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7 Tips For Healthier Eating During The Holiday Season

December celebrations are just around the corner, and with them plenty of rich festive meals that can make it difficult to stay on track with healthy eating.

But, with a few simple tricks it can be done, and fairly painlessly at that!

Here are 7 tips that will help you avoid too many unhealthy food choices during the holidays and support your well-being as we enter the New Year too.

(1) Don’t save yourself for the big meal

Not eating the whole day because you have a big family dinner coming up and want to save the calories for those mouth-watering deserts is a common habit during December holidays.

But, it is also counter-productive.

If we tend to save ourselves for the big meal we are not only more likely to overeat at that meal, but we also end up making less healthy food choices, e.g. filling our plates with more desserts than we would normally do. Not eating regularly and then overindulging at that big meal can also destabilise your blood sugar, which then leads to mood and energy swings, excessive hunger as well as further sugar cravings and more unhealthy eating.

So rather than “saving the calories” for the big dinner, eat 5-6 balanced meals during the day, every day, during the holiday period. This will help you stabilise your blood sugar, tackle those sugar cravings and reduce the need to overindulge at those special meals.

(2) Choose AND EAT healthy foods first

When filling up a plate, start with healthy, nutritious foods and make sure that half of your plate contains foods such as salads, vegetables and soups. When you sit down to eat, have these foods first, before indulging in other dishes.

(3) EAT enough protein at every meal

Including enough protein in every meal will help you stay full for longer, stabilise your blood sugar level and also reduce sugar cravings so that you can more easily manage your sweet tooth during the holidays.

Having enough protein is also important for healthy weight management so if you are worried about piling on the weight during the holidays, make sure that one third of your plate always consists of good protein sources like lean meat, fish, eggs or dairy, or plant alternatives such as beans, lentils, chickpeas, quinoa, buckwheat or (in smaller amounts) nuts.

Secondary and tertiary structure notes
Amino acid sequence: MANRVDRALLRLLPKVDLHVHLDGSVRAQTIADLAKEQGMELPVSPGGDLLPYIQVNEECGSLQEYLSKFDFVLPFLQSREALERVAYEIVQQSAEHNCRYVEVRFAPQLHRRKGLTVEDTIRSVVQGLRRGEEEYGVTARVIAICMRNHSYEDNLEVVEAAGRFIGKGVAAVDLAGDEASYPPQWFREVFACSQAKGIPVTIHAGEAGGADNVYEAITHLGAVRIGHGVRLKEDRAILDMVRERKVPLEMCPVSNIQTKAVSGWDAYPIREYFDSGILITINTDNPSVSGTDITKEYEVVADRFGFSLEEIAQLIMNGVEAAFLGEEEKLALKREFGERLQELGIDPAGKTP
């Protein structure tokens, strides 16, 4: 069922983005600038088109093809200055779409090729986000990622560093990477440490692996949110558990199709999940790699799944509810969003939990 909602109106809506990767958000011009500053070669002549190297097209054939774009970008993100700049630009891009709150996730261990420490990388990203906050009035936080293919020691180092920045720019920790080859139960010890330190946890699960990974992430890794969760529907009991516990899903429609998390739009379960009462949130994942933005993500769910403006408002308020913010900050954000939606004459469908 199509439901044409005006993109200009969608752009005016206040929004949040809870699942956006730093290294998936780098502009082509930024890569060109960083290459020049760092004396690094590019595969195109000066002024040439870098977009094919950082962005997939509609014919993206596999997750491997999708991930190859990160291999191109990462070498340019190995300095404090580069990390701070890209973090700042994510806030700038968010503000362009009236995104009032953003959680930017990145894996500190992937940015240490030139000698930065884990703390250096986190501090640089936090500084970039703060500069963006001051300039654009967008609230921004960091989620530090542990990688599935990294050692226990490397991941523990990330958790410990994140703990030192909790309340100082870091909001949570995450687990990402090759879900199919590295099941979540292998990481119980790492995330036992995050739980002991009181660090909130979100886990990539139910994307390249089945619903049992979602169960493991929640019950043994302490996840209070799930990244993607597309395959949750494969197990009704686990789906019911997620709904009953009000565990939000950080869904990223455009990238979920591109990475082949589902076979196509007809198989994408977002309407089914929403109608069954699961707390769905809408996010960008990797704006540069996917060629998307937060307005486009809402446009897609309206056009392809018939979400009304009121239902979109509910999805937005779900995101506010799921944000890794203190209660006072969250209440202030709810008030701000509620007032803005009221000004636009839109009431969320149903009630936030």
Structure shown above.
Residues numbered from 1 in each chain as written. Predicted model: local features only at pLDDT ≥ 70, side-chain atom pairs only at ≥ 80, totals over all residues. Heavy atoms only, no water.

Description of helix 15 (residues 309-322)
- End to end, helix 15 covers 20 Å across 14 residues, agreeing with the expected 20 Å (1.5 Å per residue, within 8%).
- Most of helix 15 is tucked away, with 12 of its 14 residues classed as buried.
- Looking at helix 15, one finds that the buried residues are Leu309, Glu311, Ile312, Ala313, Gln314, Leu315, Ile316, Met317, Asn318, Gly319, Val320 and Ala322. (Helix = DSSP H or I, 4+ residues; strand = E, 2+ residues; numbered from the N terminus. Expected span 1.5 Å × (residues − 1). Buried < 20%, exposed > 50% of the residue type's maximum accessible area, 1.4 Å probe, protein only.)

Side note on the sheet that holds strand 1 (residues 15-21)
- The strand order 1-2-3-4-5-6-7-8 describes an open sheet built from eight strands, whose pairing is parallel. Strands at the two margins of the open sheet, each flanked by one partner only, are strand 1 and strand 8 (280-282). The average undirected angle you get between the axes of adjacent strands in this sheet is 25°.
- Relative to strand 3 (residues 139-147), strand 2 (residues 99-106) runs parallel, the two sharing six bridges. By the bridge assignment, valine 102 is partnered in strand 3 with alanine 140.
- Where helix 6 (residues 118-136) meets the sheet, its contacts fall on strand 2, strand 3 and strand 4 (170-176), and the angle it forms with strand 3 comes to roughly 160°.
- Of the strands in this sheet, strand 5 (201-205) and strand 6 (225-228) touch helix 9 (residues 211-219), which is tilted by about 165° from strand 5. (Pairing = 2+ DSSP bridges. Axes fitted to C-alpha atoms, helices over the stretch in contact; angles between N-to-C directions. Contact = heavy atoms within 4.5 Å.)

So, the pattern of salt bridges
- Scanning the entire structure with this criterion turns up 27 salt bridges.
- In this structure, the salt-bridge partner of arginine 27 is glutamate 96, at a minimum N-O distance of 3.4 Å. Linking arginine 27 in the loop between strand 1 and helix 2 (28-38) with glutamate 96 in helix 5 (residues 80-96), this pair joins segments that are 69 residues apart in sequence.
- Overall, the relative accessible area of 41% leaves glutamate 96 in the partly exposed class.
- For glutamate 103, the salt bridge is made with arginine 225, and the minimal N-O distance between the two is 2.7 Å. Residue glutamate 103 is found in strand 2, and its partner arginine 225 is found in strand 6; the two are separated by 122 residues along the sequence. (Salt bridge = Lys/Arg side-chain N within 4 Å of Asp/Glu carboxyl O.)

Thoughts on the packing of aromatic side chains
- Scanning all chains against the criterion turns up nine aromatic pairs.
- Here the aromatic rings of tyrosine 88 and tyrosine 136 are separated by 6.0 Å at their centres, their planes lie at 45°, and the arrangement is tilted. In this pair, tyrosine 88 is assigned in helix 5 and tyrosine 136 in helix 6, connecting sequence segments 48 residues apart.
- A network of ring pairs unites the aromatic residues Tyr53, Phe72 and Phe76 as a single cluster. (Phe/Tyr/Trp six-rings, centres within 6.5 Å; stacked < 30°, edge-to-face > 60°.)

(4) Always have a healthy snack ready

One of the main reasons we overindulge during the holidays is that we are surrounded with pastries, puddings and sweets at every step of the way, while healthier choices are often more limited or out of sight. And when the hunger and temptation strike - it’s the rich and sweet stuff that ends up on our plate.

So to avoid this holiday trap, come prepared.

Spend five minutes every morning or the previous evening cutting up some raw vegetables such as cucumber, carrots, peppers and tomatoes, and keep them ready in the fridge (or in a small container in your bag when on the go) together with some nuts and dips (e.g. humus, guacamole). This way you have some healthy options ready when you get the munchies and you don’t need to always reach out for the unhealthy foods that are high in sugar and unhealthy fats.

(5) Use smaller plates

This might sound odd, but the size of the plate you are using can make a big difference to how much you eat at any given meal.

The research shows that when we eat from a small plate we eat less, especially if we serve ourselves, so using smaller plates helps with portion control and ensuring that you don’t overeat.

(6) For each glass of alcoholic drink, HAVE A glass of water

Alcohol not only has a lot of calories, but it also increases fluid loss from our body, contributing to dehydration and ‘fake hunger’.

The reason why we might eat more when we are dehydrated is that our body can confuse thirst for hunger, making us crave food even though what we actually need is more fluid.

Drinking a glass of water with each glass of alcohol will therefore not only allow us to keep the calorie count under control, but will also help us prevent dehydration and better manage our appetite.

(7) Sleep at least 7-8 hours a night

When we sleep less than 7 hours a night, our body changes the way it releases the hormones that control our appetite, making us more hungry than we would otherwise be, and reducing our satiety after a meal.

Research shows that a lack of sleep also worsens cravings for processed and sugary foods, so sleeping enough during the holidays will help reduce the desire for all those sweets and make sure that we can stay on track with healthy eating during the festive season too.

Would you like a more comprehensive advice on your or your family’s nutrition?